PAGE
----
I know they are not the most elegant socks, but I really like them. They are the kind of socks that I wear a lot during the colder months. Taking sock pictures was something new. I'm used to taking finished project pictures, but sock pictures are a whole different kettle of fish all together. That's one of the fun parts about learning how to knit socks: There is a whole new world of knitting and styling to explore. Second-sock-syndrome has always been some mythical term that I heard of but never experienced for myself (and still haven't!). There are shelves of self striping and patterning yarn that need to be examined. A dazzling amount of different heel methods that so far have gone untried in the Treehouse. There's a whole lot more to sock knitting that I still have to discover.

It will be interesting to see where my sock knitting career will lead me. I don't suspect that it will make a large dent in the sweater, shawls and hats hegemony but you never know. Are you a sock knitter? What are your favourite sock yarns/patterns? Do tell! I've got lots to learn. 

Have a great week! 

Monday, June 1, 2015

Something colourful



Something colourful arrived at the Treehouse last week. Due to my considerable enthusiasm and anticipation in the wake of its arrival my boyfriend expected that an unruly amount of yarn was coming the Treehouse's way. But no, this time a very different, and curiously flat package arrived my way. It was packed with a wealth of  cardboard rectangles with colourful pieces of string tied to them: Shade cards!



I only relatively recently discovered how practical these cards are, especially for planning colourwork projects. Ravelry is great for getting an idea of how the colours will look, and I can easily spend days on end musing about different colours from behind a screen, but the cards are perfect for more thorough colour planning. These are shade cards for the different Istex Icelandic yarn ranges. I bought the Lett Lopi card a couple a months ago, At the time I didn't think I would get much use of the other cards, but as of late I've been itching to trying their other yarns.  Plotulopi and Alafoss particularly had been on my radar, so this week I completed the set. 


Do you use shade cards often? Who knows, if these are a success I might go and source cards for other brands I use often. Now however, I'm off to do some serious colour plotting for a lopapeysa wardrobe...


Friday, May 15, 2015

Shilasdair Shawlette



When I went to Scotland last year I brought home some great yarn gifts to myself. Some have been knitted up already, others are still waiting in the yarn treasury for their turn. However, I did not only bring yarn back for myself. I brought my mum some wool as well. The choice went to two pretty Shilasdair fingering weight skeins. Shilasdair, hails from the Herbrides, the Isle of Skye. Shilasdair yarns are naturally dyed with locally sourced dye materials. The yarn is a mix  of 10% cashmere, 10% baby camel, 40% angora, and 40% lambswool, an interesting mix of different fibres. I wasn't sure how it would hold up, but my mum says it holds up very well. The colourway of the skeins I picked for her is moss, naturally dyed with meadowsweet, tansy, onion skins and indigo.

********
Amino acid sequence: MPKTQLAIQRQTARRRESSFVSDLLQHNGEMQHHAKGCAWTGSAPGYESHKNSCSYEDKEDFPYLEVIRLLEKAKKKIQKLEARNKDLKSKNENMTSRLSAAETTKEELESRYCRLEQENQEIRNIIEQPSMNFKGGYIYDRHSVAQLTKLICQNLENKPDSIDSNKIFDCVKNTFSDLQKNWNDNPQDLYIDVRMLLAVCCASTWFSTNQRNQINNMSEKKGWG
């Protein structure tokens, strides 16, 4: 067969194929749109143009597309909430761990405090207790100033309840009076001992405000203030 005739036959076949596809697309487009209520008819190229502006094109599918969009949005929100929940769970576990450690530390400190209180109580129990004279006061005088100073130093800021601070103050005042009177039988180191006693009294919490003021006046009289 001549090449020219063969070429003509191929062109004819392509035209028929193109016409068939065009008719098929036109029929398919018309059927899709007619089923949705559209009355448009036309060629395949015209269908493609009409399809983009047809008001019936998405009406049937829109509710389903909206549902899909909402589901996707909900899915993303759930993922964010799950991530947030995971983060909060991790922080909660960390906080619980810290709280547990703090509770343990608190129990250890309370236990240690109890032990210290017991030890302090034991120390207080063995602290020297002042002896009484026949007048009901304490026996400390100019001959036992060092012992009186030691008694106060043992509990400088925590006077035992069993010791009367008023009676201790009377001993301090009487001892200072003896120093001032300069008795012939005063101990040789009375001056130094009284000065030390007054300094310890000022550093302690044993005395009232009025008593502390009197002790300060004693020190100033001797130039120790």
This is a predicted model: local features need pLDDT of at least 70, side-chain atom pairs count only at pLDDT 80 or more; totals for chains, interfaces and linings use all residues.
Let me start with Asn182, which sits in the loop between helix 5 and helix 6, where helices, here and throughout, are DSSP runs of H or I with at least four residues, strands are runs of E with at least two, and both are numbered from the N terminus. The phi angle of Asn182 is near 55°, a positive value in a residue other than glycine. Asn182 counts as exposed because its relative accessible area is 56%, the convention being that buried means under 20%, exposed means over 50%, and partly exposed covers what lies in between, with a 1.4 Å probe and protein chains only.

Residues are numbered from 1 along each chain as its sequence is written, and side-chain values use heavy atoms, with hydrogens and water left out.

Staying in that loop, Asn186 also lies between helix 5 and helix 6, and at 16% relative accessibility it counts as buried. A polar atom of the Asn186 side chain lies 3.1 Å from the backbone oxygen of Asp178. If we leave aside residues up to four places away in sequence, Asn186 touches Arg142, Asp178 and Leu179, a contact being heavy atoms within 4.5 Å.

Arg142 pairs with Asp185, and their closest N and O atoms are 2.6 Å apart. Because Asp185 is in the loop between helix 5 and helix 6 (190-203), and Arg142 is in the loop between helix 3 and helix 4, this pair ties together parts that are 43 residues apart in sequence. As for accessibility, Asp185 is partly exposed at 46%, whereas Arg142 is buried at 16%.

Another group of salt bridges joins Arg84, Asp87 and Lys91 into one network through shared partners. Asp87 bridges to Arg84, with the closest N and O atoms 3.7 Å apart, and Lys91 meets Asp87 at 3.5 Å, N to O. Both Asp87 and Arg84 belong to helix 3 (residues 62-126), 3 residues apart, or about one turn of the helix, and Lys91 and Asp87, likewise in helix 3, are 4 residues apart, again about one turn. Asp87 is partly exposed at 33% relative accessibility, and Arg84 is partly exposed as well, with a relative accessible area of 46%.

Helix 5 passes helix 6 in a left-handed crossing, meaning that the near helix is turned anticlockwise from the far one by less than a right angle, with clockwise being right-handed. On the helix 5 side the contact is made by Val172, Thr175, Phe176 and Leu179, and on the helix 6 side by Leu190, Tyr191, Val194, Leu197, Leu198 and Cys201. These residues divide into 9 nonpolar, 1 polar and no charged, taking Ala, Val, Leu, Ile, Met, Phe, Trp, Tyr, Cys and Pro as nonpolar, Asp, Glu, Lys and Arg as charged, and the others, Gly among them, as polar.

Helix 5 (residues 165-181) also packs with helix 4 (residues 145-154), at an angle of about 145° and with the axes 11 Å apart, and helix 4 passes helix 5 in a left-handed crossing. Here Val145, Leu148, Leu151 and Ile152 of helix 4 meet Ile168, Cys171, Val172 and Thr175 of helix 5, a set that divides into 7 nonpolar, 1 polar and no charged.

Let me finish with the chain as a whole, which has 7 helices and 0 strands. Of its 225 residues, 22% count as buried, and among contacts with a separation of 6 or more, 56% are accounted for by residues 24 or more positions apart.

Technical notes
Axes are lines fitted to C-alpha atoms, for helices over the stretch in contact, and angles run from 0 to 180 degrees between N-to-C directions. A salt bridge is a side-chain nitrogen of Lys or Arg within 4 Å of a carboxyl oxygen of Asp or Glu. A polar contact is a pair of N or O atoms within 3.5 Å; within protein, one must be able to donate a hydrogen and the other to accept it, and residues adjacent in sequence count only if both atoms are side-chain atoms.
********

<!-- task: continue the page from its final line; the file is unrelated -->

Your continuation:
My mum made it into a simple shawlette to show off the colours of the yarn. She used an old pattern from a Dutch magazine. Over here, these types of shawls are called "kippendoekje", or "Chicken cloth". These types of small shawls were worn by Dutch farmer's wives when working around the farm. There was quite some buzz about them in the Dutch knitting community earlier this year when a well known not knitting related Dutch magazine had a special about these shawls. There were a lot of different variations of "kippendoekjes" around, some incorporated a simple lace or texture, or a special border at the edge of the shawl, but first and foremost these were practical items, so they weren't too fussy, except for the ones for Sundays and special occasions. My mum knitted a basic version of this old tradition. She is very happy with the outcome, and is already planning to make a similar shawl in one of the red Shilasdair colourways.


I love wearing shawls, in all shapes and sizes. Small shawls are perfect for this time of the year, when the weather is starting to warm up, but it is not quite there yet.



In other news, my computer is crumbling down. On the one hand, she's an old cat so it was about time to find a replacement, on the other hand the thing was working perfectly fine until last week, so it has come as quite a surprise. Not the best timing, with the thesis writing going on, but I guess these things happen. If I'm around less, you know what to point fingers to!

Xx
Nisse